Management Plan

NATURAL RESOURCES EVALUATION CRITERIA

A good quantity of information on Grosse Île’s plant life has been available for some time now. This explains why conservation priorities have need developed primarily in relation to these resources. This analysis was conducted for the most part using the plant communities identified by Marineau (1995). Each community was examined according to the following criteria: diversity, sensitivity, degree of disturbance and uniqueness. These criteria were assessed for each community in the form of a rating designed to facilitate prioritization and enhance objectivity. Each of these criteria has been weighted according to its ecological importance. Criteria were defined as follows:

Sensitivity

By the sensitivity of plant communities is meant the intrinsic fragility of each component and the representativeness (range and dispersion) of each community on the island. Sensitivity may be associated with: the presence of rare or endangered species; wetlands; thin, erosion-prone soil; plants located at the furthest limit of their distribution area; particular communities that are poorly represented on the island; etc. Sensitivity is the main determining criterion, setting off the vulnerability of plant communities in connection with disturbances in a given habitat. Certain plant resources or communities can be stressed by human activity to the point of being irreversibly damaged or destroyed, thus justifying the high value accorded to this criterion. The following ratings were established accordingly:

Very high : 12

High : 8

Medium : 4

Low : 0

Diversity

The federal government is committed to preserving this country’s biodiversity. In addition, in its role as defender and promoter of our natural and cultural heritage, Parks Canada has pledged to protect species-rich habitats. That is why this criterion has been accorded practically the same importance as sensitivity. To evaluate this factor and define the appropriate qualitative rating, each community studied by Marineau (1995) was appraised with reference to the richness of species and the indexes of Simpson and Shannon. The following ratings were established accordingly:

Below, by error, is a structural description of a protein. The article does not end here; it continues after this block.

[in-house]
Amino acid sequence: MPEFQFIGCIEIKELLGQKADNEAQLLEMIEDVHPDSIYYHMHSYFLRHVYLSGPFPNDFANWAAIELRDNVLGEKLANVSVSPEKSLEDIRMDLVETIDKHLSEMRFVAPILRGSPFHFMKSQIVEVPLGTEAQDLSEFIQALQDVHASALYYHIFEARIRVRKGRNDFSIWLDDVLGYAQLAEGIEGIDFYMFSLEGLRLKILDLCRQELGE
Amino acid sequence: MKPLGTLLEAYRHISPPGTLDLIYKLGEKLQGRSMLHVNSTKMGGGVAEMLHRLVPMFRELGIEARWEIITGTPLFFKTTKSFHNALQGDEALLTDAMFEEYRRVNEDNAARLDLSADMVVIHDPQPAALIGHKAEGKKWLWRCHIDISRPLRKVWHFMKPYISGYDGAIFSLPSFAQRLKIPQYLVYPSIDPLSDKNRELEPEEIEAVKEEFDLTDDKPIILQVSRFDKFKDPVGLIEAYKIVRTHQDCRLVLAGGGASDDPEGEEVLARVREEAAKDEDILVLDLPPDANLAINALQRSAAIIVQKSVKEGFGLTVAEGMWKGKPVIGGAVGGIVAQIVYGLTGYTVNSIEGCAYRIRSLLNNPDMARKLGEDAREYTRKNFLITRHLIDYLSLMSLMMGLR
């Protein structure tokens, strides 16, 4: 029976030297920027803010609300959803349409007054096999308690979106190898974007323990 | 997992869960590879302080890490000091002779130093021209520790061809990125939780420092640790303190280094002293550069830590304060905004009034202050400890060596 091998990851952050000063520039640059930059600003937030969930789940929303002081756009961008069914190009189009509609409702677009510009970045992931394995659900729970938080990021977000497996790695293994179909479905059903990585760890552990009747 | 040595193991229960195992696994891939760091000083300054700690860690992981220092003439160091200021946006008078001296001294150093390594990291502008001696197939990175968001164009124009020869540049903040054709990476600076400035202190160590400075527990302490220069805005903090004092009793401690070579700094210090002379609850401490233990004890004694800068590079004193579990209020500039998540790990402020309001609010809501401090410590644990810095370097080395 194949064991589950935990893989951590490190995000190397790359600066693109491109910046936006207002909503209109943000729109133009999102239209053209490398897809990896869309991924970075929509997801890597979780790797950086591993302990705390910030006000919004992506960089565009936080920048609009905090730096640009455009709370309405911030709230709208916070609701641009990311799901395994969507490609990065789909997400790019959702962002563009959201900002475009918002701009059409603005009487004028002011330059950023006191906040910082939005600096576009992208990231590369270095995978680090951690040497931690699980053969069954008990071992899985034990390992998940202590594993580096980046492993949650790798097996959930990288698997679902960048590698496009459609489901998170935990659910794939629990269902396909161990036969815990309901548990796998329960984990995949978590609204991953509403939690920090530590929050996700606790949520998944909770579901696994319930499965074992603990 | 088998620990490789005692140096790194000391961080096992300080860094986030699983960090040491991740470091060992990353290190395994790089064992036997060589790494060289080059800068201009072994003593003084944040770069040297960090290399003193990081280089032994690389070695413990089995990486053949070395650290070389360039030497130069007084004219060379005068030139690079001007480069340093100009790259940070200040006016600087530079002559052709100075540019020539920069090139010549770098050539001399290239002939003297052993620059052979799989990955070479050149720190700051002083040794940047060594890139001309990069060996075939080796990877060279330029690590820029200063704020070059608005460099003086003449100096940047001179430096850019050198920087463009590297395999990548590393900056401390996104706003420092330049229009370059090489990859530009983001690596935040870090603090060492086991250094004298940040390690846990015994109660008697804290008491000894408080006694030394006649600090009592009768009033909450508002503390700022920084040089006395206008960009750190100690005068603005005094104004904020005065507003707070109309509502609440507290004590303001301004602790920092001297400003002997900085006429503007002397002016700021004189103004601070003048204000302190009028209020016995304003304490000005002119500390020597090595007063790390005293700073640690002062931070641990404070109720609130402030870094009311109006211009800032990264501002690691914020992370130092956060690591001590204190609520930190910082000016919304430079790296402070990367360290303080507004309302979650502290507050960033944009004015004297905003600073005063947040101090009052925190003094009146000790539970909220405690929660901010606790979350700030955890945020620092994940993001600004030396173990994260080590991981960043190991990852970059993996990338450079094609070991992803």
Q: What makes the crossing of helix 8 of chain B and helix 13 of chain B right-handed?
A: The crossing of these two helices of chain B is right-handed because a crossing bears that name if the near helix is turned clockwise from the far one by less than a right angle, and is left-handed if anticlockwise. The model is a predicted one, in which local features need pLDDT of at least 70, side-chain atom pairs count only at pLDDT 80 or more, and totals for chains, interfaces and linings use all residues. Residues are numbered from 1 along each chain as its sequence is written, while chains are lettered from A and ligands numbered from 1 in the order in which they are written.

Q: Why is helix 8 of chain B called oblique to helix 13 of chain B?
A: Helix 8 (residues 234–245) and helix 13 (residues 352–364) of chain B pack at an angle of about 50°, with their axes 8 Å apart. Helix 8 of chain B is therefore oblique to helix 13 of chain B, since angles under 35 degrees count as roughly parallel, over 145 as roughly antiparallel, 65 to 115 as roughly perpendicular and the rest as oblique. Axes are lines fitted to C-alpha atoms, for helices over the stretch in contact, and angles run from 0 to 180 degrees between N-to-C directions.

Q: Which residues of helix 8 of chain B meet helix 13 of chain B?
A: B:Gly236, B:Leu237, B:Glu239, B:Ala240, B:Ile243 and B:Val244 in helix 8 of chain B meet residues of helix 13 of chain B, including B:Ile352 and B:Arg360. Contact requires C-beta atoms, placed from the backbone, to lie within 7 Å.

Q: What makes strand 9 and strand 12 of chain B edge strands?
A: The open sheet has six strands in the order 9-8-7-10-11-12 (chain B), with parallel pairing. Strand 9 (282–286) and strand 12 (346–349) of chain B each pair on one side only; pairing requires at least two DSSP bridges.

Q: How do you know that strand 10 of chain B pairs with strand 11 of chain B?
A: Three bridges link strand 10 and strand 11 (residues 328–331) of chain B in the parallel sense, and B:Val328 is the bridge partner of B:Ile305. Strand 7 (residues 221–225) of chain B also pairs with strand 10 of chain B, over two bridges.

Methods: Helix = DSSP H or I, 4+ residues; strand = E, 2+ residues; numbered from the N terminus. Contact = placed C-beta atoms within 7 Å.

Very high : 8

High : 5

Medium : 2

Low : 0

Degree of disturbance

Studying the degree of disturbance characterizing each plant community tends to indicate to what extent the current environment may be considered to be the result of natural evolution, given the major disturbance that has occurred in conjunction with human settlement of the island. Emphasis was placed on stresses occurring in the last several decades, the seriousness of these stresses and how permanent they appear to be. The weight of this criterion is less than that of the two preceding criteria. It nevertheless plays a key role because it serves to distinguish the most representative and the least disturbed sectors of plant communities on the island. The following ratings were established accordingly:

High : 0

Medium : 2

Low : 4

Uniqueness

A number of plant communities may be considered “unique” on the island or in the region. They may stand out for any of the following reasons:

  • their intrinsic qualities as a landscape unit;
  • the presence of species of wildlife or vegetation that are either rare or endangered, poorly represented or presenting a scattered distribution;
  • their conservation in a natural habitat, or a habitat that has been only slightly disturbed by human settlement.

The following ratings were established accordingly:

Uniqueness : 4

Non-uniqueness : 0

The total of ratings for each Grosse Île plant community were used to establish conservation priorities for the site (see table) according to the following four categories:

Priority I : rating totals from 18 to 28, inclusively;

Priority II : rating totals from 13 to 17, inclusively;

Priority III : rating totals from 8 to 12, inclusively;

Priority IV : rating totals from 0 to 7.

It should be pointed out, however, that the above-described assessment was not applied to the plant communities located along the island shoreline. Given that most of the rare, threatened or endangered plants are distributed more or less in communities all along the shoreline, it is clear that this zone requires the highest degree of protection.


Appendix 2: Conservation priorities for Grosse Île natural resources

Methodology
Natural resources evaluation criteria
Conservation priorities
Definition of categories of conservation priority
Conclusion